A landmark, 16th Century building, the Mediterranean Conference Centre (MCC) is located towards the tip of Valletta peninsula, with stunning views of the Grand Harbour.

Apart from conferences, it offers one of the finest venues in the Mediterranean for a range of events including product launches, exhibitions, conventions, banquets and theatrical performances.

Today, when taking into consideration all venues within the vast building, both outdoors and indoors, it can take up to 3,500 people, making it an internationally unique venue due to its history and the modern amenities it provides guests.

Chief Executive Officer (CEO) of the highly sought-after MCC, Pierre Fenech, describes two major milestones since taking on the leading role in 2015: setting right the company’s finances which proved to be invaluable once the pandemic hit and revenue streams dried up, and the ongoing major restoration and upgrade works on the historic building.

Mr Fenech shares that, like many other businesses, the pandemic came as a major blow. 2019 had been a record year for the venue, which hosts corporate conferences, events and weddings. A look at the company’s bookings showed that 2020 was also going to be a bumper year, however in March, when Government took restrictive action to stem the spread of the virus, the MCC’s calendar cleared overnight.


The Mediterranean Conference Centre 

A pragmatic and an optimist, Mr Fenech and his team took the time to complete infrastructural works that had been ongoing since 2015.

Taking us back to this time, he explains that then, around a third of the MCC was inaccessible to the general public, not because sections were reserved for specific purposes, but because the vast 450-year-old building had sections that were simply not refurbished or opened up in any way.

At the same time, the MCC noted the many requests from visitors for information on the origins behind the historic building, originally built by the Knights of St John as a hospital. The team realised there was a need to tell the story of the building, without impacting the business model that sustains its operations, that of acting as a venue for conferences and events.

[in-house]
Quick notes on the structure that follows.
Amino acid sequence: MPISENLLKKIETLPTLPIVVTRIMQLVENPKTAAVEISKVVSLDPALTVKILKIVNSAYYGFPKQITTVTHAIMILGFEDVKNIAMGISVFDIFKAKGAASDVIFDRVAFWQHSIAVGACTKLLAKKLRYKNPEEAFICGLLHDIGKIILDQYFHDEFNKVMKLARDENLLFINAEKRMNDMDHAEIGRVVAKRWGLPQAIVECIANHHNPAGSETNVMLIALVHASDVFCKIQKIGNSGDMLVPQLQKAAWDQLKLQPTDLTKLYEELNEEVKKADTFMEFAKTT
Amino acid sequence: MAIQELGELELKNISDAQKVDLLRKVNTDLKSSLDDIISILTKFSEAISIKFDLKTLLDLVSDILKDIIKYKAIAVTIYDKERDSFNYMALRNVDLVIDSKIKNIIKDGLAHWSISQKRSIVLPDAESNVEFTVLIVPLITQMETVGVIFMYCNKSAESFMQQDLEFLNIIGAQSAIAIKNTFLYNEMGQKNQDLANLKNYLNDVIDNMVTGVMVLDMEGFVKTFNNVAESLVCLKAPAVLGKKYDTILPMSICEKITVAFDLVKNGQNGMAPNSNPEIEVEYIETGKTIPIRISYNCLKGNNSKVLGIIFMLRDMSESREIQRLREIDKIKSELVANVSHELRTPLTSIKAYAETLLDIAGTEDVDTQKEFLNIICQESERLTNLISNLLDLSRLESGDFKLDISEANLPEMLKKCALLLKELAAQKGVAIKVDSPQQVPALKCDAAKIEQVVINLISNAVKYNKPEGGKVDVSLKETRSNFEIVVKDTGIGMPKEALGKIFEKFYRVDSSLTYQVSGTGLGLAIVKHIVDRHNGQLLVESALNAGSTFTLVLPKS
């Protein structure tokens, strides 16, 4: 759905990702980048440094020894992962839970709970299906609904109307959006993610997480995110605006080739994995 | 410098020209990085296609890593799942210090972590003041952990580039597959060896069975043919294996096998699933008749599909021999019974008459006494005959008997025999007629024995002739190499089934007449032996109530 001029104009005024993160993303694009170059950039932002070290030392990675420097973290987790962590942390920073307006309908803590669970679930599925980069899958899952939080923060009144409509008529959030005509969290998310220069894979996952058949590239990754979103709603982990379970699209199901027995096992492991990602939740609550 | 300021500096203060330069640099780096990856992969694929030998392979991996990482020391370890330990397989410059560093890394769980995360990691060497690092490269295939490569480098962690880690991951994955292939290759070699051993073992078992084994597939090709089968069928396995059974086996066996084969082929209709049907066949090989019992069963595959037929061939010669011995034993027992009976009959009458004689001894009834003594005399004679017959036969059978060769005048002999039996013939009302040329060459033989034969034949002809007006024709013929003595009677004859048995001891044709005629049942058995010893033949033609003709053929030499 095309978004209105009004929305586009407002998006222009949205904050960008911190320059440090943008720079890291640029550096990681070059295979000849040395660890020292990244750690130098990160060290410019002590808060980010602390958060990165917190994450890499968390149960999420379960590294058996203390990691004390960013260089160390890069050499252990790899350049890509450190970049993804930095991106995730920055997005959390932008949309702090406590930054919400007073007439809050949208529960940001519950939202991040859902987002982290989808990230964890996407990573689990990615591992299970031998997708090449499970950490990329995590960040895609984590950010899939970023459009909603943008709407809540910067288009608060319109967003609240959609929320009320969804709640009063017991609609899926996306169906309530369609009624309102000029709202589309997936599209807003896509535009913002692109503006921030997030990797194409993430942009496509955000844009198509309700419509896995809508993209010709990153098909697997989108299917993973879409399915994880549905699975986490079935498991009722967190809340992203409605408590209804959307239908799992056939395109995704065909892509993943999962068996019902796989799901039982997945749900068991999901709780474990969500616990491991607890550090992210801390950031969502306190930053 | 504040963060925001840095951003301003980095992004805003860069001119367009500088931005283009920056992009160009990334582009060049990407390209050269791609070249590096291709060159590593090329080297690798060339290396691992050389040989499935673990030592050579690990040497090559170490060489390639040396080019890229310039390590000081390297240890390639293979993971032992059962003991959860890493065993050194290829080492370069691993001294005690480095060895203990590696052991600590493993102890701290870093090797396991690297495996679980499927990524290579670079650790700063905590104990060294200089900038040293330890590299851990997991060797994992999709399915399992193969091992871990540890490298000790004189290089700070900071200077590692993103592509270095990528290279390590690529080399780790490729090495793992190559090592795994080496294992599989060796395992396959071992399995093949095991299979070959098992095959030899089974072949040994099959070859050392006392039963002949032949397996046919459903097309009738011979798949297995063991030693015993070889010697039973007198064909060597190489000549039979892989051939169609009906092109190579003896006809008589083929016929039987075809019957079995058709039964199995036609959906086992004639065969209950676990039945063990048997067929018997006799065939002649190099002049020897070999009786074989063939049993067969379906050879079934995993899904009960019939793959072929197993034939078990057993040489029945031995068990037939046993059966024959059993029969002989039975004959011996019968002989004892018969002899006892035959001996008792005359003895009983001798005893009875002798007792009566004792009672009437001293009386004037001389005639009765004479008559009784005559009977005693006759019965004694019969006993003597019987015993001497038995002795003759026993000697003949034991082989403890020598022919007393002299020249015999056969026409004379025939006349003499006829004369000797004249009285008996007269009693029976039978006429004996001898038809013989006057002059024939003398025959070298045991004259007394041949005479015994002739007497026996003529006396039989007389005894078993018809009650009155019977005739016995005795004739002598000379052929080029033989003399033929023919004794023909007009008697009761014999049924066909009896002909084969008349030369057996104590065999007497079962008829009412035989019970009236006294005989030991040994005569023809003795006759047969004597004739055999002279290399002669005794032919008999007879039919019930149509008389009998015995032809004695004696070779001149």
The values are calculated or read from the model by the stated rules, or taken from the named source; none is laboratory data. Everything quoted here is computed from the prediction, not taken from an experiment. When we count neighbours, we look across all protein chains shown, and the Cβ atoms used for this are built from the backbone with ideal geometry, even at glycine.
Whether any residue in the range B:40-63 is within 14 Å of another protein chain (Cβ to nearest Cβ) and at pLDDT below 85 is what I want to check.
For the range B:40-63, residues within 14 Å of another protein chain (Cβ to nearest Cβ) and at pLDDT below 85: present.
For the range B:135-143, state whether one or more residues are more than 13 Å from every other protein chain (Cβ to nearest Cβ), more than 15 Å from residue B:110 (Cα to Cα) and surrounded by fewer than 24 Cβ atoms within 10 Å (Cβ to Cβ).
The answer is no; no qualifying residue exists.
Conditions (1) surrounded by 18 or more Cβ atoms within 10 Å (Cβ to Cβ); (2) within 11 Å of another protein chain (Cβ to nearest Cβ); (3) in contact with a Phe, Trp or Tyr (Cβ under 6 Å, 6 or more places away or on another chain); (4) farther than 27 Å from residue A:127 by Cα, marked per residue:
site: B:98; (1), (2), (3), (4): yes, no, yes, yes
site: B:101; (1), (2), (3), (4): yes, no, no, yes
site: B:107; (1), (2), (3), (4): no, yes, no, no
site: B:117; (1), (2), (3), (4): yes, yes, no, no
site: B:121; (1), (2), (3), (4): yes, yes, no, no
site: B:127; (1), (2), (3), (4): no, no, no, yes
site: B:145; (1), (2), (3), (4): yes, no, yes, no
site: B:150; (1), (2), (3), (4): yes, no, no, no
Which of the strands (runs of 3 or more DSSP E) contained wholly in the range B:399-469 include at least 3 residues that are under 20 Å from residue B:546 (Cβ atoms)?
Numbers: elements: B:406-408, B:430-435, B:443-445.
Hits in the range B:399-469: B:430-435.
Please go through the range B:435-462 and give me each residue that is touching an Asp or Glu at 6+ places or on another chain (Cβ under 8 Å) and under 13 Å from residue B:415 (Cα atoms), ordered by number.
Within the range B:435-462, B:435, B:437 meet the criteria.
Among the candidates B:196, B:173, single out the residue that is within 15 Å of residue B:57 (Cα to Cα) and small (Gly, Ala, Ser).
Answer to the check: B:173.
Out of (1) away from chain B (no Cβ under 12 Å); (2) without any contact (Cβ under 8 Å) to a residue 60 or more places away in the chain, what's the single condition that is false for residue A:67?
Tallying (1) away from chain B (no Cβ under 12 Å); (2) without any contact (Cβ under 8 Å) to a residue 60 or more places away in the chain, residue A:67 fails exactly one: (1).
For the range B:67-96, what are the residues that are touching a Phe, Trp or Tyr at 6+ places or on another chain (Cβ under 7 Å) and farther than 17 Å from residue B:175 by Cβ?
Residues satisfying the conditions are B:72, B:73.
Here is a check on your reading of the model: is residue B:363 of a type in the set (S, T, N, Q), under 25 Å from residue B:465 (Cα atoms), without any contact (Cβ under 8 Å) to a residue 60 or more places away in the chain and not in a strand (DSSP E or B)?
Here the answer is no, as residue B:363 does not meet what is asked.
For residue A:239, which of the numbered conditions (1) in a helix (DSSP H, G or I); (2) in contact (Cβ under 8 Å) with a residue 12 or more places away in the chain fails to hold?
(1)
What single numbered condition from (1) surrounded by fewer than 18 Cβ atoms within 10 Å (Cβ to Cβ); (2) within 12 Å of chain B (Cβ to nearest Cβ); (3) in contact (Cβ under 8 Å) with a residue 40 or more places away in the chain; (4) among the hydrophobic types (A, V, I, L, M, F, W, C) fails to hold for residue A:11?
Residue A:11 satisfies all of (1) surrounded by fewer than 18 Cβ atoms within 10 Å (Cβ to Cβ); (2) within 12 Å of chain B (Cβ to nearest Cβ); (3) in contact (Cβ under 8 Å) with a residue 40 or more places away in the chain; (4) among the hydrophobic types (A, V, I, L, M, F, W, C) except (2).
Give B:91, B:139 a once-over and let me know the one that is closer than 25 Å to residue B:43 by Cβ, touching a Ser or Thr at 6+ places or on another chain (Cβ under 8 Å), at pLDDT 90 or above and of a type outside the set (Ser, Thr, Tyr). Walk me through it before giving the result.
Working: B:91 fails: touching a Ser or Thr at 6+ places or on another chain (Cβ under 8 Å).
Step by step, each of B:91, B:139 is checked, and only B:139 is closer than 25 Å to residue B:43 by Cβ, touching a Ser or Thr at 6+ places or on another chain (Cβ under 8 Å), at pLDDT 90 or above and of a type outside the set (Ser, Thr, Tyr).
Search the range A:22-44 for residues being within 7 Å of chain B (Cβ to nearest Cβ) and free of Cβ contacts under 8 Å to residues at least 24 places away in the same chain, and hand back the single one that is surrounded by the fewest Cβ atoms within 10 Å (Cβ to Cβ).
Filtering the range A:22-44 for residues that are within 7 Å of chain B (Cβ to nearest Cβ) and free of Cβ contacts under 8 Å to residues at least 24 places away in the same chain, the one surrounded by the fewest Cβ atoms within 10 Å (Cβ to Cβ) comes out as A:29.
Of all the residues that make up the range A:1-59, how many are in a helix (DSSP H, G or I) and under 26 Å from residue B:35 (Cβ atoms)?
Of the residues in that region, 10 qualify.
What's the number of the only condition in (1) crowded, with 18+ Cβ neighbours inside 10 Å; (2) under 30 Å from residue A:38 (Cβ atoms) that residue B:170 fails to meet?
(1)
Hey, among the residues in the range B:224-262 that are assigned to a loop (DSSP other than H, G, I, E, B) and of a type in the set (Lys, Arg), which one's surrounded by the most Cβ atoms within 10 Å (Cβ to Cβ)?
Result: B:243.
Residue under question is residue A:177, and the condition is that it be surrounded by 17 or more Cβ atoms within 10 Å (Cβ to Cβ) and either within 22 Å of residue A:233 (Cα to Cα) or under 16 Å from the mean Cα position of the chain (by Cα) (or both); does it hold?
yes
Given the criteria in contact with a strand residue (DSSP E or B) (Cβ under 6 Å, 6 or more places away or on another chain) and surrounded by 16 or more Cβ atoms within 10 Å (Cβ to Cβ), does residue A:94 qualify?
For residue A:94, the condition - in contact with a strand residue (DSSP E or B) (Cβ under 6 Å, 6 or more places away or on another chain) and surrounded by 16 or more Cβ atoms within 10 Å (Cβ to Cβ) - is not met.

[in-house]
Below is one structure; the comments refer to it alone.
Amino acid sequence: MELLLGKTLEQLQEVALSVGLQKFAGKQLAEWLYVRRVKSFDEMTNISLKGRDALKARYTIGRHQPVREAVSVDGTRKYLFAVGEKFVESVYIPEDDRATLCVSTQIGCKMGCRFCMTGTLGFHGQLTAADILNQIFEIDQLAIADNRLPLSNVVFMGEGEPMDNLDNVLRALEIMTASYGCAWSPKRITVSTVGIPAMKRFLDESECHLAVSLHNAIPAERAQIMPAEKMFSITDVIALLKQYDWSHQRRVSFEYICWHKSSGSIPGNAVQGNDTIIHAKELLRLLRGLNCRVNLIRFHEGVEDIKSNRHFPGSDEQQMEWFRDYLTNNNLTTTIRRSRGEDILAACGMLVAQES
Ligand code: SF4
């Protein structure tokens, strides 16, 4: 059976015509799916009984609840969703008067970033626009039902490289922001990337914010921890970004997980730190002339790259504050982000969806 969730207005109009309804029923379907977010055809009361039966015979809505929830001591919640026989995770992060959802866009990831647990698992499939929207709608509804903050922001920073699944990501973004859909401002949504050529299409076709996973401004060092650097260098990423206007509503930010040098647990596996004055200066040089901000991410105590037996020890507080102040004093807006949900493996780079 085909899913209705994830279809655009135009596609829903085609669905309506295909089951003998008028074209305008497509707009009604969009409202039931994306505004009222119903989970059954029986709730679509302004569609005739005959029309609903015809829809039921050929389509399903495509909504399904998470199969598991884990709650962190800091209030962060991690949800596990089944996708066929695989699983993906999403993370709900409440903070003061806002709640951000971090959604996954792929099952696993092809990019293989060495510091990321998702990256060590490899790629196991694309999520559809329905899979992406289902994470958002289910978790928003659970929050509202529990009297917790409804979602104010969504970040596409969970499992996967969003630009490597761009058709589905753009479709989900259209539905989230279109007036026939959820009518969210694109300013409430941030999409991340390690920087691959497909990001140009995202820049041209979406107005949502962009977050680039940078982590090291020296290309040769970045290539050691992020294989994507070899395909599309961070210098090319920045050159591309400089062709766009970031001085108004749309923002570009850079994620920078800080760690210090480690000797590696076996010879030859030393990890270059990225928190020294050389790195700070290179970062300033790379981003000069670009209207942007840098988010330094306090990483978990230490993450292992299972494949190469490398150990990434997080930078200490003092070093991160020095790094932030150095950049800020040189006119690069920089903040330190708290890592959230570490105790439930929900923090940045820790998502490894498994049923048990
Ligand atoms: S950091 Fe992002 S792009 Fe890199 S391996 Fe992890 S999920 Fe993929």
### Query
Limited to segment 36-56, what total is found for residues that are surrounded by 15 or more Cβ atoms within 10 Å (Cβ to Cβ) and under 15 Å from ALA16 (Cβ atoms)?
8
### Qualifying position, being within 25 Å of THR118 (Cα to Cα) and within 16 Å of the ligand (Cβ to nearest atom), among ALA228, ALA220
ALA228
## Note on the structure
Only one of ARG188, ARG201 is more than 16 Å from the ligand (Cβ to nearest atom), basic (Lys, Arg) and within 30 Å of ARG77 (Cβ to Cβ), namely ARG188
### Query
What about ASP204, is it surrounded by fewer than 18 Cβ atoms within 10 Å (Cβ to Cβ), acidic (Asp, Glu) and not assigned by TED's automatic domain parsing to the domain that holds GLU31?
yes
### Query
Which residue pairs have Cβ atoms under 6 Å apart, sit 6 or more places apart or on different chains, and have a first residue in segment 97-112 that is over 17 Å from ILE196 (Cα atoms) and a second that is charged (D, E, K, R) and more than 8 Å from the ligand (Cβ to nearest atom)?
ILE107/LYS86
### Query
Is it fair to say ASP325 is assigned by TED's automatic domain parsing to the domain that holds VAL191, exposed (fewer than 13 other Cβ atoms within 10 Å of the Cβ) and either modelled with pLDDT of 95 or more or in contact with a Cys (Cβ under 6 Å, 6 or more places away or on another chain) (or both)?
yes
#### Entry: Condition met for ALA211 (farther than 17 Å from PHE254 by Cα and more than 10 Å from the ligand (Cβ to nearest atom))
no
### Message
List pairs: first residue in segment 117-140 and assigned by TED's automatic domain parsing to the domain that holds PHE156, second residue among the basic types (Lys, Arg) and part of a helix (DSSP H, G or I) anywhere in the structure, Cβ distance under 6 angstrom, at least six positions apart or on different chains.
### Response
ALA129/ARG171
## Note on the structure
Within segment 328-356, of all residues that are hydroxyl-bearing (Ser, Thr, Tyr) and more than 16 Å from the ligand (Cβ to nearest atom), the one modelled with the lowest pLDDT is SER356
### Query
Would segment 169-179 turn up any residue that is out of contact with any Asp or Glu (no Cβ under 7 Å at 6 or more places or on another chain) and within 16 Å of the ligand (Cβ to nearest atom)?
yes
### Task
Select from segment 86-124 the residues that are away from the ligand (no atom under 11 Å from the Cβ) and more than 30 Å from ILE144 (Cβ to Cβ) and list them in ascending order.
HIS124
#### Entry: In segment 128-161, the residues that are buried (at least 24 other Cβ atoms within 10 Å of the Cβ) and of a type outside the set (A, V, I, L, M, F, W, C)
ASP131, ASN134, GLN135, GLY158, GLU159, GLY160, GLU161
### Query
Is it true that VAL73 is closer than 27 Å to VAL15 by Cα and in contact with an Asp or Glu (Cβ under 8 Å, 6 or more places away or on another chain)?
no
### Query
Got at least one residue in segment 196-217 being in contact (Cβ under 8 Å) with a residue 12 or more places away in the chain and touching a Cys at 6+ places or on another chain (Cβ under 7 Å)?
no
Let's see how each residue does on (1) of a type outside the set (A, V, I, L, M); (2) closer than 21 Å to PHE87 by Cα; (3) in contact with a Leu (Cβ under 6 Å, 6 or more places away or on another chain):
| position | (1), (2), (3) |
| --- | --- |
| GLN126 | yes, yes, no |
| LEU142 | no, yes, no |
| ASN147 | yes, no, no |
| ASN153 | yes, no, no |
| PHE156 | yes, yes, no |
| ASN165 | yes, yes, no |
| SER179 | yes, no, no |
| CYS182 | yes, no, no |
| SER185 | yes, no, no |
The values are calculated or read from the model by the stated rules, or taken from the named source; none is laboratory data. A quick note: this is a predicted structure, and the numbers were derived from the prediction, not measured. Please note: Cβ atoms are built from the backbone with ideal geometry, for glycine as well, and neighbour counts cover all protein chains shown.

MCC Sacra Infermeria Hall / Facebook photo

MCC Sacra Infermeria Hall / Facebook photo

Therefore, he explains, the venue could not be turned into a museum, as this would hinder its main operation.

“We thought outside the box, and decided to create a virtual museum, as an experience to provide to visitors. It was inaugurated in 2020 and is available today through new augmented reality and holographic technology.

“People can use their mobile phones or tablets and are able to see what the place was used for throughout the past 400+ years,” he shares.

To create the virtual museum, the MCC had to open up all sections of the building, in order to map it and create graphic visual representations.

So, how did the MCC pay for all this?

To open up all sections, which required significant infrastructural works, and to refurbish the parts that were already in use, The MCC secured funding through EU Regional Development Funds, allowing the team to open up every single section of the venue by end-2023.

Here, Mr Fenech stresses that works went beyond opening various sections of venues of the building, but the MCC also invested in providing a more modern and improved service to clients.

For instance, old air conditioning units were replaced, new audio-visual equipment was installed, with the latest technology being used to conference organisers.

The MCC is a rare example in the region of a heritage building functioning to the exacting demands of the 21st century.